Posted July 2019
The Milwaukee County Zoo is excited to announce the hatching of a cape thick-knee chick to parents Philip and Phoebe. Both parents are very attentive to the chick’s needs and it is developing as expected. Zookeepers do not know its gender yet, as they do not want to disrupt the family during this critical time. The chick should be given a name soon.
Keepers describe the chick as, “small, fluffy, camouflaged and a little unsteady on its legs.” Its parents are teaching it important survival skills, and it primarily feeds on insects, such as crickets and mealworms. The bird should start taking short flights at four weeks of age, but the cape thick-knee bird is mostly a ground dwelling species that doesn’t spend a lot of time in the air.
This is an important hatching for the Association of Zoos and Aquariums (AZA)*, as it is trying to increase the number of cape thick-knee birds in accredited zoos in order to maintain genetic diversity.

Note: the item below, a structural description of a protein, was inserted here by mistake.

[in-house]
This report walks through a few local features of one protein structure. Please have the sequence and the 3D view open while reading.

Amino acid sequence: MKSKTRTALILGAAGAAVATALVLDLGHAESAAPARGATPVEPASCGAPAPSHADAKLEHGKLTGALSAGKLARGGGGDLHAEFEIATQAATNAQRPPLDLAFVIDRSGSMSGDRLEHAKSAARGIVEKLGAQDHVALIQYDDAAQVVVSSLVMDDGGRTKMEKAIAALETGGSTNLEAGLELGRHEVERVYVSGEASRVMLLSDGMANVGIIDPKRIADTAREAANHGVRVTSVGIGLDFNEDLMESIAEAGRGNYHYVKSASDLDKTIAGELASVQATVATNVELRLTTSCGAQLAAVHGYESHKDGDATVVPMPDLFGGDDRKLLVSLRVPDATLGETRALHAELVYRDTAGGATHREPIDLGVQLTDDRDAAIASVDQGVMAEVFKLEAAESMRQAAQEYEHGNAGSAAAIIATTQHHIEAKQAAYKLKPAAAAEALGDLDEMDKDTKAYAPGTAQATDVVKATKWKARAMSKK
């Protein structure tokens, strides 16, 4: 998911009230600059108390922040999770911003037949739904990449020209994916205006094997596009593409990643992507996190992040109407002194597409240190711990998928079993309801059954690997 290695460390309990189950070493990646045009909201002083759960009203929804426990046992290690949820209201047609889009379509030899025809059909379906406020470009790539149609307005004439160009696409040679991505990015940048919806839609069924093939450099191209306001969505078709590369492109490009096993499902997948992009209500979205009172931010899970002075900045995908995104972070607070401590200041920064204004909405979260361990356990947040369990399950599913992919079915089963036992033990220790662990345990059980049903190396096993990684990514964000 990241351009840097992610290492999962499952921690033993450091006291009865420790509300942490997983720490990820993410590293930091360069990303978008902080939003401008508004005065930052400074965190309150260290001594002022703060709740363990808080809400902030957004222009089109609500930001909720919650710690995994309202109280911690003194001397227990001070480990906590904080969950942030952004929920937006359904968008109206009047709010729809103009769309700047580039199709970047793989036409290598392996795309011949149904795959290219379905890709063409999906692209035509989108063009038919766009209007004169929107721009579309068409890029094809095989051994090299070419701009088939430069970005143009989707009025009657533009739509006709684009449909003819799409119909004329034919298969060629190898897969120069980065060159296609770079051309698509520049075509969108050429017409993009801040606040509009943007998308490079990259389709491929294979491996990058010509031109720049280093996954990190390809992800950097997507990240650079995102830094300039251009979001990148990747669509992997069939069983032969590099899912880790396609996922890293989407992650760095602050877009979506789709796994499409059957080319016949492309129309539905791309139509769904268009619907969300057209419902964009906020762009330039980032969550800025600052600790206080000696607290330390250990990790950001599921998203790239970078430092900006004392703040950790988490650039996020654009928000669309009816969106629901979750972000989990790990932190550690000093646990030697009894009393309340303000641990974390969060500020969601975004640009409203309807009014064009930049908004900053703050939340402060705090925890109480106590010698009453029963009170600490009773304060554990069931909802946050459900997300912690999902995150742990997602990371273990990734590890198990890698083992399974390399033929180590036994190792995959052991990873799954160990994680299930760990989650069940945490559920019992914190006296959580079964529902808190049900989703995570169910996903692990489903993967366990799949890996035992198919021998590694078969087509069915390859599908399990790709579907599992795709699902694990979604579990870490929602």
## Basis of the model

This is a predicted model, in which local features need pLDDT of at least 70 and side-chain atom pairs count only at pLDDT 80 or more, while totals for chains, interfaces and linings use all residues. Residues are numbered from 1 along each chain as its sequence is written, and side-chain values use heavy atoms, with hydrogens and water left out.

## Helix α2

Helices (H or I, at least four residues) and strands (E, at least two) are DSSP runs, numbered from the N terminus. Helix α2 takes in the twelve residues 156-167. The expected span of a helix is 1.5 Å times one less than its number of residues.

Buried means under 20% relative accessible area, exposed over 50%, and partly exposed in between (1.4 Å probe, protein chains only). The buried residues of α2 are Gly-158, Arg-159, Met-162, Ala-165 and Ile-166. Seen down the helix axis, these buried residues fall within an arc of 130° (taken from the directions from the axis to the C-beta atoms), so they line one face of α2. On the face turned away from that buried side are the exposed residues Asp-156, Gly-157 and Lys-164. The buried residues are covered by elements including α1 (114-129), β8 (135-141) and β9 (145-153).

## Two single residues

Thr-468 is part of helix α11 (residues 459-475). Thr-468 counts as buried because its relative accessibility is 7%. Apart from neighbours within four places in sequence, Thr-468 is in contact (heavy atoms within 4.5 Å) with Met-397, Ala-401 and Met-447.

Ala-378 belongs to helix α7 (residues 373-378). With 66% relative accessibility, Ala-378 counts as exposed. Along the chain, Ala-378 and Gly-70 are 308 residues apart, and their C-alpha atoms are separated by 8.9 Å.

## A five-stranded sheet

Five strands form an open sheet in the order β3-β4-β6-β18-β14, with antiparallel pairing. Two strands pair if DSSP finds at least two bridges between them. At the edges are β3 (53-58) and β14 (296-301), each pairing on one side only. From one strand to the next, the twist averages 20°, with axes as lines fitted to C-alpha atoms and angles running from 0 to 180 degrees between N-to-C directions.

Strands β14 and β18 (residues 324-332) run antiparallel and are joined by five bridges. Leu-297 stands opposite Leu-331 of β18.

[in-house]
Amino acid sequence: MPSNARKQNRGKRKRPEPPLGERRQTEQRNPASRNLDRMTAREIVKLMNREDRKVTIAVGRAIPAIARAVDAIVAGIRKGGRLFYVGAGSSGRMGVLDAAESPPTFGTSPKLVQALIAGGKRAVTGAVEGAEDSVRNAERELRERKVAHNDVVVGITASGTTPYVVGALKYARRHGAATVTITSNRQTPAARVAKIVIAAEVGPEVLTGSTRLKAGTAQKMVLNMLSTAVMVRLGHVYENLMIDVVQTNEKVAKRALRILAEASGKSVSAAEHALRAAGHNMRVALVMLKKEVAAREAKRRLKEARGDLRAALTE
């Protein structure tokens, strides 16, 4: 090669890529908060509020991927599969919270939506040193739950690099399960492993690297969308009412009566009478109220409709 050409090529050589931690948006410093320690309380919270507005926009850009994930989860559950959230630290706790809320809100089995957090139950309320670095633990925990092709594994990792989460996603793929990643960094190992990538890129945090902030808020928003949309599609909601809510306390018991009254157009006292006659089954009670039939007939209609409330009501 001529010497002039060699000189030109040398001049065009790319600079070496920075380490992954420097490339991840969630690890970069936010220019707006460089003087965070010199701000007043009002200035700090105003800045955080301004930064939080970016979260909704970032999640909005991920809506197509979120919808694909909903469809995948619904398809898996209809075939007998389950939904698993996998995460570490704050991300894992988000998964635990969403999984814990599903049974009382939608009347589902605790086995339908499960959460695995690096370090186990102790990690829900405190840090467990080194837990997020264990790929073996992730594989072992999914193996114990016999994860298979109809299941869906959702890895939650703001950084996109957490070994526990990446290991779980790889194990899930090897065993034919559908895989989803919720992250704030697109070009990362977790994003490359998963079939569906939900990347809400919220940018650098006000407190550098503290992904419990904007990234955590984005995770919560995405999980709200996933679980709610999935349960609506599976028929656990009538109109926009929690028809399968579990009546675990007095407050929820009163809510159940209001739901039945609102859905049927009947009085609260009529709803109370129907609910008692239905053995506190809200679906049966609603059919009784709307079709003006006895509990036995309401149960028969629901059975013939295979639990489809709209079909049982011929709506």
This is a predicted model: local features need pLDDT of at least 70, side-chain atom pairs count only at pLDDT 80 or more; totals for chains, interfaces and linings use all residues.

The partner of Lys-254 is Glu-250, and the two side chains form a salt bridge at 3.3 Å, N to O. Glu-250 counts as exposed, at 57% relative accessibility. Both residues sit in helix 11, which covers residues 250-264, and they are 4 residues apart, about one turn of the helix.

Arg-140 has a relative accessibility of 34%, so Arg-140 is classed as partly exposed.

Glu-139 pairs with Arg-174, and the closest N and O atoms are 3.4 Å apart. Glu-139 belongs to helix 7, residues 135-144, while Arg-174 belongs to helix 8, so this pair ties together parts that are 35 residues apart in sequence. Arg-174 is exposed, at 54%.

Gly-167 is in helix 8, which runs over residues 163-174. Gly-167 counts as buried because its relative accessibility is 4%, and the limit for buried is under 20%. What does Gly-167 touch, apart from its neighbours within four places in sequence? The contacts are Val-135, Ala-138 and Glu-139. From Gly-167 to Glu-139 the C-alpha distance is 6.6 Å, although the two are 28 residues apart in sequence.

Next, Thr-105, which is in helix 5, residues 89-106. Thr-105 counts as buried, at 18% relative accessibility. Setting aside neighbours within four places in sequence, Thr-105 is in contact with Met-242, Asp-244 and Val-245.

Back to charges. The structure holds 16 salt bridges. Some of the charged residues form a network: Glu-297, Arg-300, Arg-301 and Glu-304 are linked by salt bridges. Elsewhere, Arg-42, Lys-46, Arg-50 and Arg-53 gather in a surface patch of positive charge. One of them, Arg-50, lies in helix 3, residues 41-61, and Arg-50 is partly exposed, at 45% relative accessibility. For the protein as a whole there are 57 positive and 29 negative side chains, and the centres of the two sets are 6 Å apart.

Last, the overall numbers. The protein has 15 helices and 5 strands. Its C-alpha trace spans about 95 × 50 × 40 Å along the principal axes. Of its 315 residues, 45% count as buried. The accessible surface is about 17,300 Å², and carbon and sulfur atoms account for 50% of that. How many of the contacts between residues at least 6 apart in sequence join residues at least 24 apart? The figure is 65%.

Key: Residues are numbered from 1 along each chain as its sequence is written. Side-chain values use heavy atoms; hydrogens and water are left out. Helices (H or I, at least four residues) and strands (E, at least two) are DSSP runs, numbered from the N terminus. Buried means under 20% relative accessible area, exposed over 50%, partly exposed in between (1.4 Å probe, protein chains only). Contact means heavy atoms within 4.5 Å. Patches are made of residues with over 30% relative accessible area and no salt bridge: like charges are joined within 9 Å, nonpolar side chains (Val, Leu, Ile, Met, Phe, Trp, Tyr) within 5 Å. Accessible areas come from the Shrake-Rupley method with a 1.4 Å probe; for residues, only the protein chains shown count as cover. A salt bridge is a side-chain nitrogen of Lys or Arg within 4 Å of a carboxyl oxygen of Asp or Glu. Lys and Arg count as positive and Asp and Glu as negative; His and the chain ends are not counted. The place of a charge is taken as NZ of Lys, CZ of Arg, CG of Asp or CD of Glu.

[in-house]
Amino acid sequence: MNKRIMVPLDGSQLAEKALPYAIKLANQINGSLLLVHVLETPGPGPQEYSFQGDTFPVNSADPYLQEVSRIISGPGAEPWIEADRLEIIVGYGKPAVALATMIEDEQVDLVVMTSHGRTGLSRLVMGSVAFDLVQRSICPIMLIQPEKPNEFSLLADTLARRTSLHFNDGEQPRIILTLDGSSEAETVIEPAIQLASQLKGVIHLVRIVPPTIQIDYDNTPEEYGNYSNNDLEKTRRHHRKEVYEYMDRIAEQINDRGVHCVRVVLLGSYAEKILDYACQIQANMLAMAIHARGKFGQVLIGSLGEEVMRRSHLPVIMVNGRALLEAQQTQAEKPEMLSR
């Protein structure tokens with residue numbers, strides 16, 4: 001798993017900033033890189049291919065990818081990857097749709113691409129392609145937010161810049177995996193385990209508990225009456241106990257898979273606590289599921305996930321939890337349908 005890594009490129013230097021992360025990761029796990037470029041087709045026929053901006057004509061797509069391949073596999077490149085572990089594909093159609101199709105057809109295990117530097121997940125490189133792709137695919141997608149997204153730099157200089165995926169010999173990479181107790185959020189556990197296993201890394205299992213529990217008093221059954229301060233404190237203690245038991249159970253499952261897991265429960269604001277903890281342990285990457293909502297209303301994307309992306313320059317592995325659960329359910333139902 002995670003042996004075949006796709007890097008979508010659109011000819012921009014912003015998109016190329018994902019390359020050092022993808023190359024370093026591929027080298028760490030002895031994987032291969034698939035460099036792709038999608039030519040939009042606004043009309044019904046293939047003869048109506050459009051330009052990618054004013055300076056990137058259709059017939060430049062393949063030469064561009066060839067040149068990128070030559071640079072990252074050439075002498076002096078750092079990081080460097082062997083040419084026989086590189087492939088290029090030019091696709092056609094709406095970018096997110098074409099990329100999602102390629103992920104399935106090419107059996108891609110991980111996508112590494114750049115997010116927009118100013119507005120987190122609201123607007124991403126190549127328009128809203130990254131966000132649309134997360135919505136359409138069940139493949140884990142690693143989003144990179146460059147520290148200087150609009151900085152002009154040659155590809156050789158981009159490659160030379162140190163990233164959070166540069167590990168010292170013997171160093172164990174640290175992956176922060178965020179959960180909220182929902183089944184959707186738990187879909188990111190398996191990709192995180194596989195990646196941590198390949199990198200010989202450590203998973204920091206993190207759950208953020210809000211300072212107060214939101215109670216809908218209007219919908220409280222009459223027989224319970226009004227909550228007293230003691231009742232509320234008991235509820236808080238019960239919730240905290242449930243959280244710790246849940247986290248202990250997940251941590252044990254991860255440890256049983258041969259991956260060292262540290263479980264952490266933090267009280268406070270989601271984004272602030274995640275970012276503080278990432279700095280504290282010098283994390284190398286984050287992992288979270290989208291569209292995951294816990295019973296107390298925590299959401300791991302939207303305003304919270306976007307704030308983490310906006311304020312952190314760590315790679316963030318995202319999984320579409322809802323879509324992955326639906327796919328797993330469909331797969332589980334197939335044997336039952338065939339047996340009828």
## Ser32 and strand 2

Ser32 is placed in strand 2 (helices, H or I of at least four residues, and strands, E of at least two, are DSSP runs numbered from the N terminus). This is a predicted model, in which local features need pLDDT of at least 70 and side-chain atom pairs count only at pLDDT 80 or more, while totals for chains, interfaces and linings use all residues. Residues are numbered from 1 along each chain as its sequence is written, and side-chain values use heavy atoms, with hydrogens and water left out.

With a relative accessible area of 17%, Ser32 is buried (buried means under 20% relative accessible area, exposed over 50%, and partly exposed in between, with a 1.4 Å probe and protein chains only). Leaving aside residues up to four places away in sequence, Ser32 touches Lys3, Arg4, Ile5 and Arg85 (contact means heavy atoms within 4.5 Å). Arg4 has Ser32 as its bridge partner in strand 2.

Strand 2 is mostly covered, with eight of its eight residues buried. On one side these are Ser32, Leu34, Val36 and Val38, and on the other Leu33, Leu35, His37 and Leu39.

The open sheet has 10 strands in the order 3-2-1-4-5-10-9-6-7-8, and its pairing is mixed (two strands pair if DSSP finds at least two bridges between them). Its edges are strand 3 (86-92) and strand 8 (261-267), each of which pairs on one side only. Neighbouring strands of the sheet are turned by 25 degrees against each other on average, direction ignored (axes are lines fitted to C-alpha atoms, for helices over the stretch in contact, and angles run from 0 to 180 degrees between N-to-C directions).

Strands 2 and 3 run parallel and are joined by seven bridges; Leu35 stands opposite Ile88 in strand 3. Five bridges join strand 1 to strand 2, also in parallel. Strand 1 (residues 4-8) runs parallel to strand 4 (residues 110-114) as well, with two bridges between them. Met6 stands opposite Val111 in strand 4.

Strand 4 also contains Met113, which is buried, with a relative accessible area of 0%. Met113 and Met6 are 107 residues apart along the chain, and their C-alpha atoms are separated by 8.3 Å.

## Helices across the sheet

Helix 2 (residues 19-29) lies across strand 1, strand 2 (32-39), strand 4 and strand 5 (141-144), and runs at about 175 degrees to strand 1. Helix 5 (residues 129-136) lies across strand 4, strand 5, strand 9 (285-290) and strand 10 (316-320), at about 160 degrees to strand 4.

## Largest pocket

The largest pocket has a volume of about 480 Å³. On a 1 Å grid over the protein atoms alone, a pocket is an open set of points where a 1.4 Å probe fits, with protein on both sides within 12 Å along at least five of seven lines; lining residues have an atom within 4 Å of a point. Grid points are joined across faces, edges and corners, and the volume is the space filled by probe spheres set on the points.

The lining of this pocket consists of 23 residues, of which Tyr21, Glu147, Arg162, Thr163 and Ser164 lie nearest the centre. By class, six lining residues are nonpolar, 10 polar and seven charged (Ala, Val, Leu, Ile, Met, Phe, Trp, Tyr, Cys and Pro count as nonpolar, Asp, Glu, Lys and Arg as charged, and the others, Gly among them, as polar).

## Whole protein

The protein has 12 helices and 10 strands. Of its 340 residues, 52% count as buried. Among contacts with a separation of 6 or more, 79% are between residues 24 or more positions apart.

As part of this effort, the chick will stay at the Milwaukee County Zoo with its parents until it’s around one year of age, and then will receive a breeding recommendation from the Thick-Knee Species Survival Program ® (SSP).
Cape thick-knee birds, also known as spotted dikkops, are native to tropical regions of central and southern Africa. The birds can reach almost 18 inches in height, and they can be recognized by their long legs and brown and white speckled plumages. Their colors make it difficult to spot in their grassland and savanna habitats. Cape thick-knees have large heads, with distinguishable yellow eyes and short beaks. They get their name from an extended joint in their ankles, which creates a larger-looking knee area in their legs. Like Killdeer birds in North America, cape thick-knees will perform dramatic "injury displays" to lure predators away from their nest site and chicks.
Visitors can now see the chick and its parents in the Termite habitat in the Herb and Nada Mahler Family Aviary, which is located on the north end of the Zoo. Be sure to look closely, the chick is small and blends in well with its surroundings!
*The Association of Zoos and Aquariums serves as the accrediting body for zoos and aquariums and assures accredited facilities meet higher standards of animal care than required by law.